Embrace the warm, welcoming atmosphere and lip-smacking, modern comfort food at Lucille’s Restaurant, tucked away in the Museum District.
Situated minutes from the Medical Center and Hermann Park, Lucille’s is Chef Chris Williams‘ modern day tribute to his accomplished great-grandmother Lucille Bishop Smith, a Texas culinary legend in her own right.
The menu seamlessly combines fresh ingredients with the her classic recipes, such as Lucille’s world famous chili biscuits, and modern original takes on southern comfort food. It’s hard to pay a visit and not start with an order of fried green tomatoes and the beloved chili biscuits.
Williams and his Chef de Cuisine Khang Hoang follow up those and other starters an original and innovative spin on classic southern dishes like grouper, shrimp and grits, oxtails, and pork and beans. Their menu also includes braised lamb shank, sweet potato and quinoa cakes, hanger steak with crispy gulf oysters and freshly made soups and salads.
The neighborly bar also serves up hand-crafted cocktails and features exclusive wine-list, which can be enjoyed while dining or simply at the bar or in the ample, manicured beer garten in back.
With a warmly appointed, casually upscale interior, Lucille’s is at once impressive and comfortable. Crisp wooden beams and details augment exposed brick walls, windows that let in natural light and more formal place settings. Diners feel at once at home and on-the-town.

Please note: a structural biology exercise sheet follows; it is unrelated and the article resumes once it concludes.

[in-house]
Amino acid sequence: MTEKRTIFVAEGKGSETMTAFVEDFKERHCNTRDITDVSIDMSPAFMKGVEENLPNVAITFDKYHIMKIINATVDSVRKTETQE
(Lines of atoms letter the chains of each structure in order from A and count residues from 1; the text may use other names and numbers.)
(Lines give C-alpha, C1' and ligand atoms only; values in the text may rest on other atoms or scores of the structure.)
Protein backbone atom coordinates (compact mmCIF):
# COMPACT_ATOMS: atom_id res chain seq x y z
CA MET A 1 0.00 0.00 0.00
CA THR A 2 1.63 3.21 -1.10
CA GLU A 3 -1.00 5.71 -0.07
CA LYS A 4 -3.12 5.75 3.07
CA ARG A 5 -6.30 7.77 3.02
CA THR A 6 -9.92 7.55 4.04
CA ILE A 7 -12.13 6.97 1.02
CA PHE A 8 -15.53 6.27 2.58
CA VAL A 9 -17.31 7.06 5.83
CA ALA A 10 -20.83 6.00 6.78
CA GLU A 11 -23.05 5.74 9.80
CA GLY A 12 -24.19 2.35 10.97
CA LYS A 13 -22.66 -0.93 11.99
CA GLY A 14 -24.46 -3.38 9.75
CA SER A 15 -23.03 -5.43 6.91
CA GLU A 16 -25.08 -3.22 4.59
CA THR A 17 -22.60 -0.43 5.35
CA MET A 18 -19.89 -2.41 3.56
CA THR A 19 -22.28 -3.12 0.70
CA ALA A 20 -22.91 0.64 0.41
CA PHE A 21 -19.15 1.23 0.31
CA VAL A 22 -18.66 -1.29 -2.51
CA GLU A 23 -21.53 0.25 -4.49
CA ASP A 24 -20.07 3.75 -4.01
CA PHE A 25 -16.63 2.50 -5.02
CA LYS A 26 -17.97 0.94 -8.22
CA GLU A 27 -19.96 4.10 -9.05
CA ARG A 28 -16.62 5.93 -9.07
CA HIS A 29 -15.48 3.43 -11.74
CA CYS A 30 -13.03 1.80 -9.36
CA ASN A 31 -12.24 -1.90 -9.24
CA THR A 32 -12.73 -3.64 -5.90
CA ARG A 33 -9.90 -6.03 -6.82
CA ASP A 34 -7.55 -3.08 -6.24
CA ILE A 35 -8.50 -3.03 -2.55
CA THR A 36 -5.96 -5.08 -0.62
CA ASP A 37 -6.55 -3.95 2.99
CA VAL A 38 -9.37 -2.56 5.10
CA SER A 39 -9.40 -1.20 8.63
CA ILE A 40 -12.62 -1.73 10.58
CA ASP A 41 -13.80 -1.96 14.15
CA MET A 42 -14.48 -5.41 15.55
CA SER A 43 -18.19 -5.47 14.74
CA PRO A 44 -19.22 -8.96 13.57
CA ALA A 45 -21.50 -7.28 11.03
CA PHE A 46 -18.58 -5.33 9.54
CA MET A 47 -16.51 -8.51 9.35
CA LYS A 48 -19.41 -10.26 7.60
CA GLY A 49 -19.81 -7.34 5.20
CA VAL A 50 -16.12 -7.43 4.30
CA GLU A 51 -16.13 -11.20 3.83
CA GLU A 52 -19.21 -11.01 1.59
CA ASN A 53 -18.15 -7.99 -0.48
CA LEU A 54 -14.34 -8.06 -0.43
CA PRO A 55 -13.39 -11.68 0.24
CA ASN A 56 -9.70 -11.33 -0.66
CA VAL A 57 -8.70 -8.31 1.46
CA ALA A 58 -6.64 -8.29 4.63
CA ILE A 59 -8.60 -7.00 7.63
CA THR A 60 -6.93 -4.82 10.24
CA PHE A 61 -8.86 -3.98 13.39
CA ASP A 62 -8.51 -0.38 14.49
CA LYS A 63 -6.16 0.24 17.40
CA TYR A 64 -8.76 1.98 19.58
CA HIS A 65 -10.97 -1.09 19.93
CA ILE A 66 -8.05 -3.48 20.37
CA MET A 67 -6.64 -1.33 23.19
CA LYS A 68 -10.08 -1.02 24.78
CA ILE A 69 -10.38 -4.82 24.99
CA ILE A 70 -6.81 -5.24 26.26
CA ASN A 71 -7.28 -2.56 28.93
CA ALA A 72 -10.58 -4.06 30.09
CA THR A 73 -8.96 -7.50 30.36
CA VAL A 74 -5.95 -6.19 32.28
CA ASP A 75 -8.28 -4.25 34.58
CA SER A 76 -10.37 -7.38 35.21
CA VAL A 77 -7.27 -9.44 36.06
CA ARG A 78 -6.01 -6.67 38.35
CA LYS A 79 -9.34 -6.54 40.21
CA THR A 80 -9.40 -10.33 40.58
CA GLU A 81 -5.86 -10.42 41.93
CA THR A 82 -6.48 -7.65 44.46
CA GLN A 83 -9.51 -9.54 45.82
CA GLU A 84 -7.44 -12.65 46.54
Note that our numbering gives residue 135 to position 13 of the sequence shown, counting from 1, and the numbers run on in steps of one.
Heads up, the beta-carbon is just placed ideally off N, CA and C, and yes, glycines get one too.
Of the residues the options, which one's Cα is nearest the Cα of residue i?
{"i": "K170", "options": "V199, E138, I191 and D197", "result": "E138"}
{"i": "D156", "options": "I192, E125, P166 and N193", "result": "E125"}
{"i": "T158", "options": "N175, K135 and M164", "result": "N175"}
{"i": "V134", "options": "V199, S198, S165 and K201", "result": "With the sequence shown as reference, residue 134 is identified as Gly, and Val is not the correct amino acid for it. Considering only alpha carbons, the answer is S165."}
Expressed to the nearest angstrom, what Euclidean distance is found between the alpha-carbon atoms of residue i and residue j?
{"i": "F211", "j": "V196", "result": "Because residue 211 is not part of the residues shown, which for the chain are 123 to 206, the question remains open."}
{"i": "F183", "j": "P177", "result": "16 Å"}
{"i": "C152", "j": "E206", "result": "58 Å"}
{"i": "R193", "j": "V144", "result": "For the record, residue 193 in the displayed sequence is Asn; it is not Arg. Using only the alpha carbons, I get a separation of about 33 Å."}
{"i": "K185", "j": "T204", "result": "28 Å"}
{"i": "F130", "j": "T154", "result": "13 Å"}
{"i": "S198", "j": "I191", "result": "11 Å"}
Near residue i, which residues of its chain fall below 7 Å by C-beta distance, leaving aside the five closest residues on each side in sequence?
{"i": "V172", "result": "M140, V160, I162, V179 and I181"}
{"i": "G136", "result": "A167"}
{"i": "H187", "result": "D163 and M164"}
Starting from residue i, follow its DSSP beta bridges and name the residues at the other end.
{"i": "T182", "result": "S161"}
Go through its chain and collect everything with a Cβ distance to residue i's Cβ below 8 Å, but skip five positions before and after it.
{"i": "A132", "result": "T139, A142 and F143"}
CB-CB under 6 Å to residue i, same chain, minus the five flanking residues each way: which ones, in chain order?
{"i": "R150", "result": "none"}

About Lucille B. Smith
Williams’ great grandmother on his father’s side, Lucille B. Smith has been called the first African American businesswoman in Texas. She owned U.S. Smith’s Famous BBQ in Fort Worth where she was the first black woman to join the local chamber of commerce, published sets of recipes for home cooks, and served her famous chili biscuits on American Airlines. Her chili biscuits were often served at the White House and she counted First Lady Eleanor Rooselvelt, President Lyndon Johnson and heavyweight boxing champion Joe Louis among her friends, fans and guests. She became the first food editor for Sepia Magazine in 1965.
Among Lucille B. Smith’s awards, honors and recognitions are the Fort Worth Proclamation of “Lucille B. Smith Day” on April 28, 1966. She was also appointed to the Governor’s Commission on the Status of Women in 1969.